//INIT: Using libraries

<New code>

jQuery //INIT: <script src="https://ajax.googleapis.com/ajax/libs/jquery/3.1.1/jquery.min.js"></script>
— loads jQuery library

jQuery and using libraries

Javascript is a full and capable language with pretty good (although not perfect) fundamentals. It compares well with other languages. However, while it is possible to do a great many things with Javascript, it is often a lot of work to do it. Programmers will often create sets of functions and procedures that will automate repetitive, programming intensive tasks. For example, if you are constantly programming maps into your programs, you will want to make one great set of code that you can then borrow and use in many of your other programs.

This set of code is called a library. Code libraries can share a set of useful programming functions to more than one program. I have made dozens of code libraries in the past to support large or repetitive projects. For example, if I am constantly validating user security among a couple hundred web pages, I will write one shared library that will help apply security consistently and with less effort. Writing one library to use with many programs means less work and less repetition.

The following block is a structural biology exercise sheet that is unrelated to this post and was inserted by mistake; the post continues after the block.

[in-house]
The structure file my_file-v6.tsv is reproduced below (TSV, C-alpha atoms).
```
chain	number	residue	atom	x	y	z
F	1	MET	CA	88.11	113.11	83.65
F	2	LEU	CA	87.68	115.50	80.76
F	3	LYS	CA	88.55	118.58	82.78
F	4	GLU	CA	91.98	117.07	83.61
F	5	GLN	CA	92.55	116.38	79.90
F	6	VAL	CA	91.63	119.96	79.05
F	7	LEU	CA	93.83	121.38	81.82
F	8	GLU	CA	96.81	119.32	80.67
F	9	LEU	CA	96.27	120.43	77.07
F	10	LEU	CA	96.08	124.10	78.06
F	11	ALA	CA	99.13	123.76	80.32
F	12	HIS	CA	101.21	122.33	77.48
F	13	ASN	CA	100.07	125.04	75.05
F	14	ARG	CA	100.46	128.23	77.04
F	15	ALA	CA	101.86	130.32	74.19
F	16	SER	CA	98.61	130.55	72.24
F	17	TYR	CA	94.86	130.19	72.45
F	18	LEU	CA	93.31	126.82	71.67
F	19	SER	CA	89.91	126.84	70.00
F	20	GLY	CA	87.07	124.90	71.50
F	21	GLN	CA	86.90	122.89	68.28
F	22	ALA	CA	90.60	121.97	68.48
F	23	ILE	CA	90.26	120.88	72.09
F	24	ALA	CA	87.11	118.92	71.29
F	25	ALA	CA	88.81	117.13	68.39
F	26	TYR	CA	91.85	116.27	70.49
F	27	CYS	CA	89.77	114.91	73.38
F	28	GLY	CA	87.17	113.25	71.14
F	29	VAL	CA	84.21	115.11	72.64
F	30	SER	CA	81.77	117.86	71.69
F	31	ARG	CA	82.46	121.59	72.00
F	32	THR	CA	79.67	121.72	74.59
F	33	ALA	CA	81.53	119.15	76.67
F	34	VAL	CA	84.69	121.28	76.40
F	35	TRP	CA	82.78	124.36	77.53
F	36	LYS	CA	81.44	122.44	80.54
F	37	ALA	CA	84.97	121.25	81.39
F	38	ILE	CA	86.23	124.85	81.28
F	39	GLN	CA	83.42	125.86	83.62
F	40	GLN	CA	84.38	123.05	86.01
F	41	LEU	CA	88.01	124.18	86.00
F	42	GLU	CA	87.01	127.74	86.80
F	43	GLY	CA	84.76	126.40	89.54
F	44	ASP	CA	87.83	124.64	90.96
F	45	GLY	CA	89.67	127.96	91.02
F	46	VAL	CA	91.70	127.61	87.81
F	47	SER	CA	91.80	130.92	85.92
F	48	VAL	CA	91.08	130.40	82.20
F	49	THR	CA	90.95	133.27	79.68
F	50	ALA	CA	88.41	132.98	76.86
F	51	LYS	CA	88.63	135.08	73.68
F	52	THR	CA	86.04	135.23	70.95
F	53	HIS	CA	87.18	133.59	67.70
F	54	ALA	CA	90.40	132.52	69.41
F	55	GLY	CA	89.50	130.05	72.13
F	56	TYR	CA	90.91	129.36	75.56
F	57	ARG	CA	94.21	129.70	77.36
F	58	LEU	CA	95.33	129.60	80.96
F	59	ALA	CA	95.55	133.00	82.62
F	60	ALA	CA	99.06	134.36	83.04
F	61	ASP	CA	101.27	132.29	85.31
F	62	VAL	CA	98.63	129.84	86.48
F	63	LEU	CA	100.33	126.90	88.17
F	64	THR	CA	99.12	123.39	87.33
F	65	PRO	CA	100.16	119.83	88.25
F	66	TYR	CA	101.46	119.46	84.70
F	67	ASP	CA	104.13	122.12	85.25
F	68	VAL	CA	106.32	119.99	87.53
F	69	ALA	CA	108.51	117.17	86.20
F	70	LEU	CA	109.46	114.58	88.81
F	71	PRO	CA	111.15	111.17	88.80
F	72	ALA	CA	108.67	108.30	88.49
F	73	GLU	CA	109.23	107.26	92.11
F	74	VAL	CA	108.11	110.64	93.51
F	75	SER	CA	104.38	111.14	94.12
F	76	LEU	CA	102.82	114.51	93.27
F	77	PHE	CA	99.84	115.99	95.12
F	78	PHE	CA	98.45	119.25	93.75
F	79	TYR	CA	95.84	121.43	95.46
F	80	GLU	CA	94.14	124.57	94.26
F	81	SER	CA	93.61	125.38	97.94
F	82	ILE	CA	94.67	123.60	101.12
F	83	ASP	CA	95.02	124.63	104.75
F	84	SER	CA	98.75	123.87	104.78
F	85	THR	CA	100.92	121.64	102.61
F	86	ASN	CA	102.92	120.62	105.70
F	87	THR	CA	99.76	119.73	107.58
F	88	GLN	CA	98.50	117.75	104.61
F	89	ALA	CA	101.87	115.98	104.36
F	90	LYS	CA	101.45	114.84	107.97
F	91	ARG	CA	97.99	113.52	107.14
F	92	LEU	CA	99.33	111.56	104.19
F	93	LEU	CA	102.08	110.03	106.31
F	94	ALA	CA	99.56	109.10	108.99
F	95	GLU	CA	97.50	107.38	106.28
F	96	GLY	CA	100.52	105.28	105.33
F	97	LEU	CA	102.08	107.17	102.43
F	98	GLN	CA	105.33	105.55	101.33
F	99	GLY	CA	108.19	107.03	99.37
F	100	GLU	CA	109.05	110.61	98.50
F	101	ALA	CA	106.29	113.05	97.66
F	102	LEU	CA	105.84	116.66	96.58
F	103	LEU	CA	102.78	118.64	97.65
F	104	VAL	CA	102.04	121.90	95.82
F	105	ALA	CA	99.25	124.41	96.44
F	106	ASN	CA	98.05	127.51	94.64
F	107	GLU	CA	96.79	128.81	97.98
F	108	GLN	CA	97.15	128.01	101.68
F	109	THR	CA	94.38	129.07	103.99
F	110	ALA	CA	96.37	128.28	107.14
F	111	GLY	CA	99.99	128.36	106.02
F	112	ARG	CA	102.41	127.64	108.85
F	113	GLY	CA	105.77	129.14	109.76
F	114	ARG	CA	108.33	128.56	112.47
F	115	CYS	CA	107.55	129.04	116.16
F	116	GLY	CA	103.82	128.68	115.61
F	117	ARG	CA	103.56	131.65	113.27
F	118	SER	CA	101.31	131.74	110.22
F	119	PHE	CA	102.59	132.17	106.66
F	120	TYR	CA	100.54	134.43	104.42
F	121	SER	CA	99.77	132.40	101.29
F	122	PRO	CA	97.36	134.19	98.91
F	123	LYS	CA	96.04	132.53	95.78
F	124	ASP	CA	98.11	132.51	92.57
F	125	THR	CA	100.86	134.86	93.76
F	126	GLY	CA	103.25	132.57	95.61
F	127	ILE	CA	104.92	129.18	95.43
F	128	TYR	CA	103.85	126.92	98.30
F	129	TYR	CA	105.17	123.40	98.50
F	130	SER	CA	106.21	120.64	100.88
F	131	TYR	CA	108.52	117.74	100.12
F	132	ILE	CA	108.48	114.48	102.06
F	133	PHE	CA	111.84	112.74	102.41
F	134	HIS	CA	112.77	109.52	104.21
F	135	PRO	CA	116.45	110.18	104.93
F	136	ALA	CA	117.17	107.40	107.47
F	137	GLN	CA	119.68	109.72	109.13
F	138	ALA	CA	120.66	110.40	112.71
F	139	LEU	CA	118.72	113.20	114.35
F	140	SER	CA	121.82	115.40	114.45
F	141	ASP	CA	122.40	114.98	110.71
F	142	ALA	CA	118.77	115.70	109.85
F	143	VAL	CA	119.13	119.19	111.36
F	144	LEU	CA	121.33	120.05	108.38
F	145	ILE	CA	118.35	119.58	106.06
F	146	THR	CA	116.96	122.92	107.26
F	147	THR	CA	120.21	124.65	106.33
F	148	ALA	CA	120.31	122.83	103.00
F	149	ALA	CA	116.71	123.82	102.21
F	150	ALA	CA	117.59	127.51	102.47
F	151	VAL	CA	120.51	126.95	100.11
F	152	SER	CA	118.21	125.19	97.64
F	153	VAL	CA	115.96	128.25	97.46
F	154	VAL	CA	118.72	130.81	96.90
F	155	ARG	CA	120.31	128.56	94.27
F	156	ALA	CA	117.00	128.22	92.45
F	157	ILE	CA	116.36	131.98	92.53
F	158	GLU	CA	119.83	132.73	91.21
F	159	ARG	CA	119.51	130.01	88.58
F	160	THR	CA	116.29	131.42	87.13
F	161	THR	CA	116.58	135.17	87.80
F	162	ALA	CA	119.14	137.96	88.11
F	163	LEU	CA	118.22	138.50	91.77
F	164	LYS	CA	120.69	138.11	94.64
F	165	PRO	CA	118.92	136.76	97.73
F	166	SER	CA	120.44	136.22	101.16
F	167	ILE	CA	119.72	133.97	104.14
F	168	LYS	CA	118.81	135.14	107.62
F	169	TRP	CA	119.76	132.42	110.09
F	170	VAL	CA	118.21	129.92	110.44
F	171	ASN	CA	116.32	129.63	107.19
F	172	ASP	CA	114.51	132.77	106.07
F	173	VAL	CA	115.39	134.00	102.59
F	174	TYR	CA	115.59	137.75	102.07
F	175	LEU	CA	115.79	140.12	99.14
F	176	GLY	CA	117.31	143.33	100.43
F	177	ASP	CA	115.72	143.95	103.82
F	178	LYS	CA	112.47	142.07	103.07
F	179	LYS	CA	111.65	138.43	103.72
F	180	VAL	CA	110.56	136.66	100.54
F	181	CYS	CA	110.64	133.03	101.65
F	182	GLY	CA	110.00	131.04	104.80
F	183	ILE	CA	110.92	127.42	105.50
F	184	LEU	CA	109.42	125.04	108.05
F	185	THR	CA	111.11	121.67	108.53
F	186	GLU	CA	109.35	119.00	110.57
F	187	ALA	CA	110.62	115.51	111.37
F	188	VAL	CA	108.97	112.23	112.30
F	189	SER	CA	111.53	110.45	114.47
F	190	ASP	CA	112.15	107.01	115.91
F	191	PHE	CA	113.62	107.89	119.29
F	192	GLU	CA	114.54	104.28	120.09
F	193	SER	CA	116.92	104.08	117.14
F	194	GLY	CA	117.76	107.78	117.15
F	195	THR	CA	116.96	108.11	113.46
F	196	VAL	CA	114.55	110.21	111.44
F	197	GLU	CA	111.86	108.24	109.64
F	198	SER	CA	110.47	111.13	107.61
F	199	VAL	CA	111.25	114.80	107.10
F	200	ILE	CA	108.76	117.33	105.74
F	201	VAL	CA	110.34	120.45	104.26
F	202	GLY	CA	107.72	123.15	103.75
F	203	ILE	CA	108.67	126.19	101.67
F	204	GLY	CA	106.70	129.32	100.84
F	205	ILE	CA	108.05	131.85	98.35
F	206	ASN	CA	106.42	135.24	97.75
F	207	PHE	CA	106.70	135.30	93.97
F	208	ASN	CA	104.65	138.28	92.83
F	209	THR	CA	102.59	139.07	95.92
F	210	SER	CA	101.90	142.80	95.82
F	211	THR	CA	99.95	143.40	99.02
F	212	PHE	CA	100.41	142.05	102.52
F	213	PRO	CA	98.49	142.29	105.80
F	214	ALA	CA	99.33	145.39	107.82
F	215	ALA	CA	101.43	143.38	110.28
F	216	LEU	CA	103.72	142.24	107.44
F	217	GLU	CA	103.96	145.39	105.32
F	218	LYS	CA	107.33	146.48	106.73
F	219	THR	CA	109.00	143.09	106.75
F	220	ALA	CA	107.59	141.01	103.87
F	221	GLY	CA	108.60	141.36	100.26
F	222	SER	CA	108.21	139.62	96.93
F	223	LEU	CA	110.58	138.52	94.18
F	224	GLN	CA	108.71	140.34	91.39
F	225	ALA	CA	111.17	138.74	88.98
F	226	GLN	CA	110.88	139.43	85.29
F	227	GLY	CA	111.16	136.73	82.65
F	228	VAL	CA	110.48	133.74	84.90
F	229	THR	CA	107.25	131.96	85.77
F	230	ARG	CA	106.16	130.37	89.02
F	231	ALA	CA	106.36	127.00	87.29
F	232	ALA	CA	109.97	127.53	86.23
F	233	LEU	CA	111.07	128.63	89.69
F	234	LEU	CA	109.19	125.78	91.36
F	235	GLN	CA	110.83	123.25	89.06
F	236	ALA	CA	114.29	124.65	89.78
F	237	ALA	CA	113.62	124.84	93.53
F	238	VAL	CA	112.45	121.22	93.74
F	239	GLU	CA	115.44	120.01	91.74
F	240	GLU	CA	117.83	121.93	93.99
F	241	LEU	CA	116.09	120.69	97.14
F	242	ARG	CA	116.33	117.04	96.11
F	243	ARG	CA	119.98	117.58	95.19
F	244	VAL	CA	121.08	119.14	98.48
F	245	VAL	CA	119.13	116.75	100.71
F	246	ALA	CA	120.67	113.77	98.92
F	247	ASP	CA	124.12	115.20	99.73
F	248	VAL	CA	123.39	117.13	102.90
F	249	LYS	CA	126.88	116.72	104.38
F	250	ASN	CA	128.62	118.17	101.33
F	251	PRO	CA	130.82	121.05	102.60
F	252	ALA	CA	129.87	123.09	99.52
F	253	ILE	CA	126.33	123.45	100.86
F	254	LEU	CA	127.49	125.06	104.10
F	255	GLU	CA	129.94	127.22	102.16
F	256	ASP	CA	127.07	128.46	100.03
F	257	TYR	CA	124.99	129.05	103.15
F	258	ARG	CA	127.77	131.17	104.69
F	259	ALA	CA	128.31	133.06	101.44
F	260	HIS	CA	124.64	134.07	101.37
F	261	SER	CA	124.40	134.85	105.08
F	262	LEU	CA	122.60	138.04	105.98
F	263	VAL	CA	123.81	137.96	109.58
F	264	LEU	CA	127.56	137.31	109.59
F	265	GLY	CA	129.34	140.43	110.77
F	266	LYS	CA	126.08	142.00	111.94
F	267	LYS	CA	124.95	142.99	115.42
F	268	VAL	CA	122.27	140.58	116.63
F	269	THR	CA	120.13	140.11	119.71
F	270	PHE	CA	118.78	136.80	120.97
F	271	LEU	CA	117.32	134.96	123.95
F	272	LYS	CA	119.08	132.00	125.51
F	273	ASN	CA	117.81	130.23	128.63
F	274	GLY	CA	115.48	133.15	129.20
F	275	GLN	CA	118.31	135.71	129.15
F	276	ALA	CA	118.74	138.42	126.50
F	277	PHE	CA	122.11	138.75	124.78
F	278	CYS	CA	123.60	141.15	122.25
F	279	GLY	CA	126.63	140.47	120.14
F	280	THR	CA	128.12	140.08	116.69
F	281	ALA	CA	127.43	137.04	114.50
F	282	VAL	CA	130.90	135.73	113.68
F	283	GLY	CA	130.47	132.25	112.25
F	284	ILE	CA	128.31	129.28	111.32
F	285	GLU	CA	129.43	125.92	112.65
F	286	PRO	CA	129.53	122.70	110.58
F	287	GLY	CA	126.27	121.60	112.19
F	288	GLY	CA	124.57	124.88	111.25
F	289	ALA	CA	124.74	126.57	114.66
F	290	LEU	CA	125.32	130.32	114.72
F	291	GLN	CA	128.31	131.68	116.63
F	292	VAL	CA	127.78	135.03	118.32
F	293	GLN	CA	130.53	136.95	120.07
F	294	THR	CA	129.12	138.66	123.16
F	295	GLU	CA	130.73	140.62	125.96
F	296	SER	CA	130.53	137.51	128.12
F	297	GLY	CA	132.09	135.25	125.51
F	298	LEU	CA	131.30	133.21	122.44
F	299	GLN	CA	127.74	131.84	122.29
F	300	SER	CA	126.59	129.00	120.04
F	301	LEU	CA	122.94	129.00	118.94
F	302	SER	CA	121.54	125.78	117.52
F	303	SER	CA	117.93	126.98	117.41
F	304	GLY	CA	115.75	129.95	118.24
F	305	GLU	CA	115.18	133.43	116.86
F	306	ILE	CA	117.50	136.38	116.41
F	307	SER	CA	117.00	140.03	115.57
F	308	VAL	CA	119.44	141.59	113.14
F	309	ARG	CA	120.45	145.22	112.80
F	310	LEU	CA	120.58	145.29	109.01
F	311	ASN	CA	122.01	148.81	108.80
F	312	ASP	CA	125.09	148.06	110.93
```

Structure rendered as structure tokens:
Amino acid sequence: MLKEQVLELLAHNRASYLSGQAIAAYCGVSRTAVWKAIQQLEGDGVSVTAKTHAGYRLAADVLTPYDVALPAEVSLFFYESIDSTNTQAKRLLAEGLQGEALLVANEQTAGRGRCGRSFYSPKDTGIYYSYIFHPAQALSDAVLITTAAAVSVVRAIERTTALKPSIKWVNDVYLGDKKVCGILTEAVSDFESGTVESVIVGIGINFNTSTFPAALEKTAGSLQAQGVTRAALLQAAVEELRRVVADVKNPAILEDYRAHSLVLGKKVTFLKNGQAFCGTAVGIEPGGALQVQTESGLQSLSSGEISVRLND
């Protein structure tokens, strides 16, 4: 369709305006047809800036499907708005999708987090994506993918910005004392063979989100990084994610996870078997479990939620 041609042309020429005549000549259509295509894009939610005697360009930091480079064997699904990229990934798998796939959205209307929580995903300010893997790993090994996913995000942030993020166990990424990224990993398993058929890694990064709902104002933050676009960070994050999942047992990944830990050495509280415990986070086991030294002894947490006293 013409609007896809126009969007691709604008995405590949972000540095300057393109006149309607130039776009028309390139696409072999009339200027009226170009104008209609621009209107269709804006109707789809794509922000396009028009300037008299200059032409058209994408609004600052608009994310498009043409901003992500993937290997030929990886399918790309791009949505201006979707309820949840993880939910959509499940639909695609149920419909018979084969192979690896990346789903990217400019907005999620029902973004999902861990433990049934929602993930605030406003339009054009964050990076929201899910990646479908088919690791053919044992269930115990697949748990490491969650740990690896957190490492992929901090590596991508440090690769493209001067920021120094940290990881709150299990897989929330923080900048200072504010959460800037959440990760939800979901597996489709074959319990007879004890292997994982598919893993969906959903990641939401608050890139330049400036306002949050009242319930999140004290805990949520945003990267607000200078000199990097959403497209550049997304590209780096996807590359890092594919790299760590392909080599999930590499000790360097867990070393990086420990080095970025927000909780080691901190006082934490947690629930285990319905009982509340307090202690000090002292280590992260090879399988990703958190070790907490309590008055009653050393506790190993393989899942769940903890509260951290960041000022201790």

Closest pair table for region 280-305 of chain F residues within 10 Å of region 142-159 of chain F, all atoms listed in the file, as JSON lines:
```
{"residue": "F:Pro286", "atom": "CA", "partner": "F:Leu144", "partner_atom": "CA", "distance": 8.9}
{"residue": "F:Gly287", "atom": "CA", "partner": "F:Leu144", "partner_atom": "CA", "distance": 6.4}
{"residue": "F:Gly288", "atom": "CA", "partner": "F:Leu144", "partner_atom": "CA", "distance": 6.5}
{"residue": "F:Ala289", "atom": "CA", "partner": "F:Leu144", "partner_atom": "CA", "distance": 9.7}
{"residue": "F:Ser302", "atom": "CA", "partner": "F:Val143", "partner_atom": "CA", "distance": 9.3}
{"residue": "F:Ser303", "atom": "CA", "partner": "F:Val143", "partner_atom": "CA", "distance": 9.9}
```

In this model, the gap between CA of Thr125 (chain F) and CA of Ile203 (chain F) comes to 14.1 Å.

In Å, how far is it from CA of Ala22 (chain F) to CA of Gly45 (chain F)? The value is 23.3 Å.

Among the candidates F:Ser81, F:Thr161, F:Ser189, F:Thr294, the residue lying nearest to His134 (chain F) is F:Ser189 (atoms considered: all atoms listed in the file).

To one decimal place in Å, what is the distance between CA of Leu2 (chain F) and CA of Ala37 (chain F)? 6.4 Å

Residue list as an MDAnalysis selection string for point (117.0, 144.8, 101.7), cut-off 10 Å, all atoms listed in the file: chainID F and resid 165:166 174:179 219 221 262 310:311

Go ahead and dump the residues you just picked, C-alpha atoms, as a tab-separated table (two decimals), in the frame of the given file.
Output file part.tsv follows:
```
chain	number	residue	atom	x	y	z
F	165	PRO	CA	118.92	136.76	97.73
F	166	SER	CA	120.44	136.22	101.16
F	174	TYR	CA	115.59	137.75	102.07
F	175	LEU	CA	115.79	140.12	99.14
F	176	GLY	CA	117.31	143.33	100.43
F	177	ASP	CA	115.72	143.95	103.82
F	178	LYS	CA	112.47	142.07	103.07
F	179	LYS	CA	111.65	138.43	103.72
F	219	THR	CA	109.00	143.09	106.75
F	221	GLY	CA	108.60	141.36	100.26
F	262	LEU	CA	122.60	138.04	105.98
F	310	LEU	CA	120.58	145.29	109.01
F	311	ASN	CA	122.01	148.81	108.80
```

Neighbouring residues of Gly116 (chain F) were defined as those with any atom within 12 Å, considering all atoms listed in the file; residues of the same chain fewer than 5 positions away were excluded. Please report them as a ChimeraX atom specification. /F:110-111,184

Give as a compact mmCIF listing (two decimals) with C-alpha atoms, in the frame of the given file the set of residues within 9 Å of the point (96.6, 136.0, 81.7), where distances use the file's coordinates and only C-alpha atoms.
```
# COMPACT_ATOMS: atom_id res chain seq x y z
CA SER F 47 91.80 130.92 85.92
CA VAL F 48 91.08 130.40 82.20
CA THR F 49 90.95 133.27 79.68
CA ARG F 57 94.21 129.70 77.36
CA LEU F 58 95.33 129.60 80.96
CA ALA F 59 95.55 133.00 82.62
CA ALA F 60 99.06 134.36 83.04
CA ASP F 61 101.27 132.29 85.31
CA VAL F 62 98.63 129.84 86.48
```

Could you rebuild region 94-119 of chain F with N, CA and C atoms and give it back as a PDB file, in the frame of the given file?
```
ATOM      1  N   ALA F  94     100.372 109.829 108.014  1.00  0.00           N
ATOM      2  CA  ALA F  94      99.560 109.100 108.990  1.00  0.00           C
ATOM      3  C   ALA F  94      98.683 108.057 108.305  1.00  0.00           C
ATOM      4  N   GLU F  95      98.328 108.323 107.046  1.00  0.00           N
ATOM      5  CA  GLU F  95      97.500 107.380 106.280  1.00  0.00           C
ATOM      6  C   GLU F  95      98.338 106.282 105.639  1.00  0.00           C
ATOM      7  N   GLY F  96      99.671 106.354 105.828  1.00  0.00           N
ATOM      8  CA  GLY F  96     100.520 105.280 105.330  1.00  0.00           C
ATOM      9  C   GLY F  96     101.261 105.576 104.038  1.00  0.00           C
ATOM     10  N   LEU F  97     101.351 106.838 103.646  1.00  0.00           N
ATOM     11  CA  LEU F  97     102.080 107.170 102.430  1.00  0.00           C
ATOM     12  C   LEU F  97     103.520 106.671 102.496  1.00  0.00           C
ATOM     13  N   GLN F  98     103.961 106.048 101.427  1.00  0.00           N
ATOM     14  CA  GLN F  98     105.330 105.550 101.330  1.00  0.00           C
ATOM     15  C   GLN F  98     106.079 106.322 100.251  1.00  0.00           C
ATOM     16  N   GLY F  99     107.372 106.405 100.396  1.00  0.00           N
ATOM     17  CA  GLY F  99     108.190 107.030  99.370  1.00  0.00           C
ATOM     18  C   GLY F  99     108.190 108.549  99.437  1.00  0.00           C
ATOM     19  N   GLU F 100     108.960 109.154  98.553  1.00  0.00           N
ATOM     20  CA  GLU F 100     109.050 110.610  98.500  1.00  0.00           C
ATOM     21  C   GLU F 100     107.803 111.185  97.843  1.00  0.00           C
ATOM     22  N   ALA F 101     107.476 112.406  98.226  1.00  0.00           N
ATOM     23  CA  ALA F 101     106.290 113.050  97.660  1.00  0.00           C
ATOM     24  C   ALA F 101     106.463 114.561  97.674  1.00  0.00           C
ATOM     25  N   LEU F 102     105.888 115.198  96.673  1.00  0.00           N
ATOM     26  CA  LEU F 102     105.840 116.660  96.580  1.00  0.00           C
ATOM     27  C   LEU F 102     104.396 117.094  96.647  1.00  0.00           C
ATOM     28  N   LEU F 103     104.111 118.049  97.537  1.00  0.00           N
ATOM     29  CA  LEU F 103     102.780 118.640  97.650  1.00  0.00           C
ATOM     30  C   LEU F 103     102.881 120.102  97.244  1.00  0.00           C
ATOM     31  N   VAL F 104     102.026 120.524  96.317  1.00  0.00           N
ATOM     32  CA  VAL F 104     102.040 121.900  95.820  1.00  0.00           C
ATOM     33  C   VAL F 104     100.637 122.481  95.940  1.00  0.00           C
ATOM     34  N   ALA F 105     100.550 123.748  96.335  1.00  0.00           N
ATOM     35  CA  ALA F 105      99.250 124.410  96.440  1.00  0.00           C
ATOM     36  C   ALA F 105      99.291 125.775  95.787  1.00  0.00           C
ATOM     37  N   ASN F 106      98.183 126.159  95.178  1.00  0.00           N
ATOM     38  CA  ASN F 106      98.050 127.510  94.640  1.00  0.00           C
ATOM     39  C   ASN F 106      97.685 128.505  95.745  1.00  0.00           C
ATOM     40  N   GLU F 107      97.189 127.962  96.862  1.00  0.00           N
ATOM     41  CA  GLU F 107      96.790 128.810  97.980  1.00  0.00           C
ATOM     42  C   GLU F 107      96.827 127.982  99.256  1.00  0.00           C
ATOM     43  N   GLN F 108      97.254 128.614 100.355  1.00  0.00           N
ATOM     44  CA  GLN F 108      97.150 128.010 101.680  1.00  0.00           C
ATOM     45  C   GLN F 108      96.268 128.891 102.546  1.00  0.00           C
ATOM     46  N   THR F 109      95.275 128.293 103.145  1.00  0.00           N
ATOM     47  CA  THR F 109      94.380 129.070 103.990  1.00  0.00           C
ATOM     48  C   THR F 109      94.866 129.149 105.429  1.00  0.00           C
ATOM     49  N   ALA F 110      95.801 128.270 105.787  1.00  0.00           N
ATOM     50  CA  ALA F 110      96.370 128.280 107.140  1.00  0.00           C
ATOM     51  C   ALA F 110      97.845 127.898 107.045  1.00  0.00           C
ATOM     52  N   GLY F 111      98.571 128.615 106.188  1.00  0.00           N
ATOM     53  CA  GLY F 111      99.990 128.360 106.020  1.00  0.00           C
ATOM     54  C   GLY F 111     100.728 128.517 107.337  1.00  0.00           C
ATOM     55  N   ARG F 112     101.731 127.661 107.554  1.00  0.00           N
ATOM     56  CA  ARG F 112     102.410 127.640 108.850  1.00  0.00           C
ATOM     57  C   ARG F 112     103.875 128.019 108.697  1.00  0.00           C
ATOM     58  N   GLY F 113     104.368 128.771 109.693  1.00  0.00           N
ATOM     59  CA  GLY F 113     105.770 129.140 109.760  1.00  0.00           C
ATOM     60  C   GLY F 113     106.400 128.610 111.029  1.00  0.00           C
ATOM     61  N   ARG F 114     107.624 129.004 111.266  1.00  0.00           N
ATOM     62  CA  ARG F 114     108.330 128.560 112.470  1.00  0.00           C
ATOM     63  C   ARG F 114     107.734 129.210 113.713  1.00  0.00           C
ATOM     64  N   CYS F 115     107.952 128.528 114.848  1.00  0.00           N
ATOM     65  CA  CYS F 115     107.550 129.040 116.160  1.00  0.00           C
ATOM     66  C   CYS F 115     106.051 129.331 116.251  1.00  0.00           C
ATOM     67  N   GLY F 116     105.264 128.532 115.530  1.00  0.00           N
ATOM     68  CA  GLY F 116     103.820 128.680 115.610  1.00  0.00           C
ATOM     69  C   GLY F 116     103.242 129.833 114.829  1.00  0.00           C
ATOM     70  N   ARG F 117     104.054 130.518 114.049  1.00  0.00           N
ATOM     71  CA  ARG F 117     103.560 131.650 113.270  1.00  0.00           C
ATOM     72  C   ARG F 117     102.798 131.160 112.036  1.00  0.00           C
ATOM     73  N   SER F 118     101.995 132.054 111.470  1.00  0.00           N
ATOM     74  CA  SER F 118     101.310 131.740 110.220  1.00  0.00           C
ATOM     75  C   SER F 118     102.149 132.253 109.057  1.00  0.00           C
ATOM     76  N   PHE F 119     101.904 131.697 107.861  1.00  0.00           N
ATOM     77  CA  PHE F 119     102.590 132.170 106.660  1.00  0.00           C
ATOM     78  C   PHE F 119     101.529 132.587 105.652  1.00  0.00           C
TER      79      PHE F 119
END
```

Introducing jQuery

jQuery is a set of libraries developed by Google to help make and run Google web apps. The home of the jQuery community is at: jquery.com.

jQuery's libraries allow you to do things like:

In this lesson, we will be using jQuery to simplify animation.

Linking the jQuery library to your code

In the head of your document, you can add the jQuery library by adding this before your <script>:

<script src="https://ajax.googleapis.com/ajax/libs/jquery/3.1.1/jquery.min.js"></script>

Every time your page is loaded, it will now contact a google webserver, and download the library so that your browser can use it. This slows down the load speed of your page a little. Some people download their own copy of the library and point the <script src="..."> to their downloaded copy. Sometimes this actually slows things down more — it all depends on internet traffic and server power.

Learn more